A low-wing multiengine Piper PA34 departed the airport near Miami on an evaluation flight in the local training area with a commercial pilot candidate and designated pilot examiner onboard.
The student pilot and a flight instructor onboard a high-wing airplane were returning to the same airport on a cross-country instructional flight.
About six minutes after the low-wing airplane departed, the airplanes collided nearly straight-on about 1,500 feet mean sea level and 9 miles northwest of the airport.
All four people perished in the crash.
At the time, the low-wing airplane was clear of the Class D airspace and no longer communicating with air traffic control (ATC).
One of the pilots in the high-wing airplane had contacted ATC just before the collision. The controller acknowledged the transmission and issued a traffic advisory, but no further communications were received.
Neither airplane was equipped with a traffic information system, nor were they required to be.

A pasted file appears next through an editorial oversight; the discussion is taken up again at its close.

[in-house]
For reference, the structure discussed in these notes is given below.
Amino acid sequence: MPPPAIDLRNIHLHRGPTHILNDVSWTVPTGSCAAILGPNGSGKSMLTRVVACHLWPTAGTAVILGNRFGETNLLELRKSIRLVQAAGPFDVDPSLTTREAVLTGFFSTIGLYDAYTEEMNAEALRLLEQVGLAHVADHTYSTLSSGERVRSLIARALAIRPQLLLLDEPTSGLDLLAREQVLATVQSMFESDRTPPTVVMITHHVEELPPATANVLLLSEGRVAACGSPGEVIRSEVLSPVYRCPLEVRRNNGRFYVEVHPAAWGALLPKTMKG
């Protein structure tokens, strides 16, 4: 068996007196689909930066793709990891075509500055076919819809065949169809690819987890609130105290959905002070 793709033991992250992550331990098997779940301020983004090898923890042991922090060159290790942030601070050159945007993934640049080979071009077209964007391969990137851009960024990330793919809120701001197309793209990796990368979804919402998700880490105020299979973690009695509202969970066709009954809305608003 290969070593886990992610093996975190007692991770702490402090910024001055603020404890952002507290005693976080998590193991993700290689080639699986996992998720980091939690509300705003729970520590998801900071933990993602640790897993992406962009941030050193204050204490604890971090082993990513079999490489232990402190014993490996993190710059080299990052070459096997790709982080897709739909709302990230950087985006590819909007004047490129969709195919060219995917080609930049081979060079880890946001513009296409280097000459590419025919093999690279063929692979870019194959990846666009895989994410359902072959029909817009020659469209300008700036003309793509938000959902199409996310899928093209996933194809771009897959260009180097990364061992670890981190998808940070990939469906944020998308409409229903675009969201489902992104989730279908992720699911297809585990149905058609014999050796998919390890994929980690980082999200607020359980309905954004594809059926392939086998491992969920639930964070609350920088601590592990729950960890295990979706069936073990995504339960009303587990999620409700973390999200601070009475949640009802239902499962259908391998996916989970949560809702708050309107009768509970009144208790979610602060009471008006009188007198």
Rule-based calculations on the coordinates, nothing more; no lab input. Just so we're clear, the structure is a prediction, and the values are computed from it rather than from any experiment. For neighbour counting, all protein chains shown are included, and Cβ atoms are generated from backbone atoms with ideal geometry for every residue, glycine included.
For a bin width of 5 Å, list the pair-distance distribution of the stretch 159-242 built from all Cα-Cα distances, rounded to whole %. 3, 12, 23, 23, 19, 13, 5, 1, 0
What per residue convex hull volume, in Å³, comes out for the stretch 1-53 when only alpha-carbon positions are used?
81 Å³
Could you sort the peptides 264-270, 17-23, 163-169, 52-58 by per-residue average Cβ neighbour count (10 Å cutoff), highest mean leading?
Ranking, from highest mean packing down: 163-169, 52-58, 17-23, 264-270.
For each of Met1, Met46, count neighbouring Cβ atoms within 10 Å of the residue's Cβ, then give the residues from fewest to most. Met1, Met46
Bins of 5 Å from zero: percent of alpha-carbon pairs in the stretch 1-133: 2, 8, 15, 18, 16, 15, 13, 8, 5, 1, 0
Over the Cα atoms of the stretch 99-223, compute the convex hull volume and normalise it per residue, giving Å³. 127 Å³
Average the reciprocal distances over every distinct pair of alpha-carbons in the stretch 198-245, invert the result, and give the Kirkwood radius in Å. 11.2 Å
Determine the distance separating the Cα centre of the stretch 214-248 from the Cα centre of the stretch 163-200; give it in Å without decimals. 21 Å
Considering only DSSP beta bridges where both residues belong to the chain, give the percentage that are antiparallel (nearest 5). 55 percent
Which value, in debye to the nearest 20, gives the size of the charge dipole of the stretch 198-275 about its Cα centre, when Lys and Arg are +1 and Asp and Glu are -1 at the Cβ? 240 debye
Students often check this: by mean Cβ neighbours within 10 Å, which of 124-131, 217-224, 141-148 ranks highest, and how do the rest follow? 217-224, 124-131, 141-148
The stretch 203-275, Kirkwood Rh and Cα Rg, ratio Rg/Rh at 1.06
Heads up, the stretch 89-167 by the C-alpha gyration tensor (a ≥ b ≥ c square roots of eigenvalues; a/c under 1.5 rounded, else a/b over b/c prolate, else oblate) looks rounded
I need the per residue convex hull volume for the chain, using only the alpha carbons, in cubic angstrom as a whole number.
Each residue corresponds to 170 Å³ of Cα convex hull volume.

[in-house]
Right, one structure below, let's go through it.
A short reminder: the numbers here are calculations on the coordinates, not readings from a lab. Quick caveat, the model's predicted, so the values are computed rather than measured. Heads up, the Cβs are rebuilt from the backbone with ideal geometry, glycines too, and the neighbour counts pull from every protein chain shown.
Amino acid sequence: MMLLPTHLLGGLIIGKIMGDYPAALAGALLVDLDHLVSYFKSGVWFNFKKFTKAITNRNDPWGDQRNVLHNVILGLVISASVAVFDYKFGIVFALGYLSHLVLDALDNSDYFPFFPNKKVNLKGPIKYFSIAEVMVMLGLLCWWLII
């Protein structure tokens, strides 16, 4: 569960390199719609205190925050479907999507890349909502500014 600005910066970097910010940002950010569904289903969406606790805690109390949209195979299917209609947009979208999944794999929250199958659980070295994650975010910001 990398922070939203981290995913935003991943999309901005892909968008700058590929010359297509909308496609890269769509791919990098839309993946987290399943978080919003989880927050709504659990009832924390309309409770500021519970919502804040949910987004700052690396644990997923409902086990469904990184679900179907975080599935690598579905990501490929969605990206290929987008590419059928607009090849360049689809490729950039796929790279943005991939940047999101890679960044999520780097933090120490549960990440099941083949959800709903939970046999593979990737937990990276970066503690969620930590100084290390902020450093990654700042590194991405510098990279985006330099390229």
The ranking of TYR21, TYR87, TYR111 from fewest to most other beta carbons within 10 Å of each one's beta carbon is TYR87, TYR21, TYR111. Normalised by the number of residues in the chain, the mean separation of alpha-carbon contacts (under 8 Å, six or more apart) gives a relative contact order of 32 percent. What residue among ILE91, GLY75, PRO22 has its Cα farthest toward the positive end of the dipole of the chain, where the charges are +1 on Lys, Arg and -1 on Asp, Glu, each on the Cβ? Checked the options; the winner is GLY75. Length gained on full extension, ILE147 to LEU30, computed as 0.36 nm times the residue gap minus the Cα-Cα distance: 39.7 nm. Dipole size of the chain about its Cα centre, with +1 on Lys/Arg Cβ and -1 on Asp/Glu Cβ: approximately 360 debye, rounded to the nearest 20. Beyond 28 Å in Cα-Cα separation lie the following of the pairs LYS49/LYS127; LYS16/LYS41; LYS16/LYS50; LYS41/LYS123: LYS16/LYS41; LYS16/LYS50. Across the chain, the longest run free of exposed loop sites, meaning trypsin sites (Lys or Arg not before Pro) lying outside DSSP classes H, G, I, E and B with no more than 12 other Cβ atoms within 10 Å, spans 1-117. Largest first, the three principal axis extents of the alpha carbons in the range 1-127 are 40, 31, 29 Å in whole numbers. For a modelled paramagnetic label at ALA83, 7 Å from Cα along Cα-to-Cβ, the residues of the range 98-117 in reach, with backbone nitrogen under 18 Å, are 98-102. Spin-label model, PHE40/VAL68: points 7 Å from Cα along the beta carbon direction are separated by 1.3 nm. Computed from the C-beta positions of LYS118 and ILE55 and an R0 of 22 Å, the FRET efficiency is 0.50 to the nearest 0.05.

An aircraft performance and cockpit visibility study revealed that both airplanes would have remained relatively small, slow-moving objects in each other’s windows until about 12 seconds before the collision.
It is likely that none of the pilots saw the other airplane given that radar data does not indicate that either airplane performed evasive maneuvers to avoid the collision.
No preimpact mechanical malfunctions were identified with either airplane.
Toxicology testing identified low levels of delta-9-tetrahydrocannabinol (THC) and metabolites in the high-wing flight instructor’s blood and urine. Their presence indicates that the instructor had used marijuana at some time before the accident, but it is unlikely that the psychoactive effects of THC remained or contributed to the accident.
Probable cause: The failure of both pilots in both airplanes to see and avoid the other airplane as they converged nearly head-on at the same altitude.
NTSB Identification: ERA18FA194A
This July 2018 accident report is provided by the National Transportation Safety Board. Published as an educational tool, it is intended to help pilots learn from the misfortunes of others.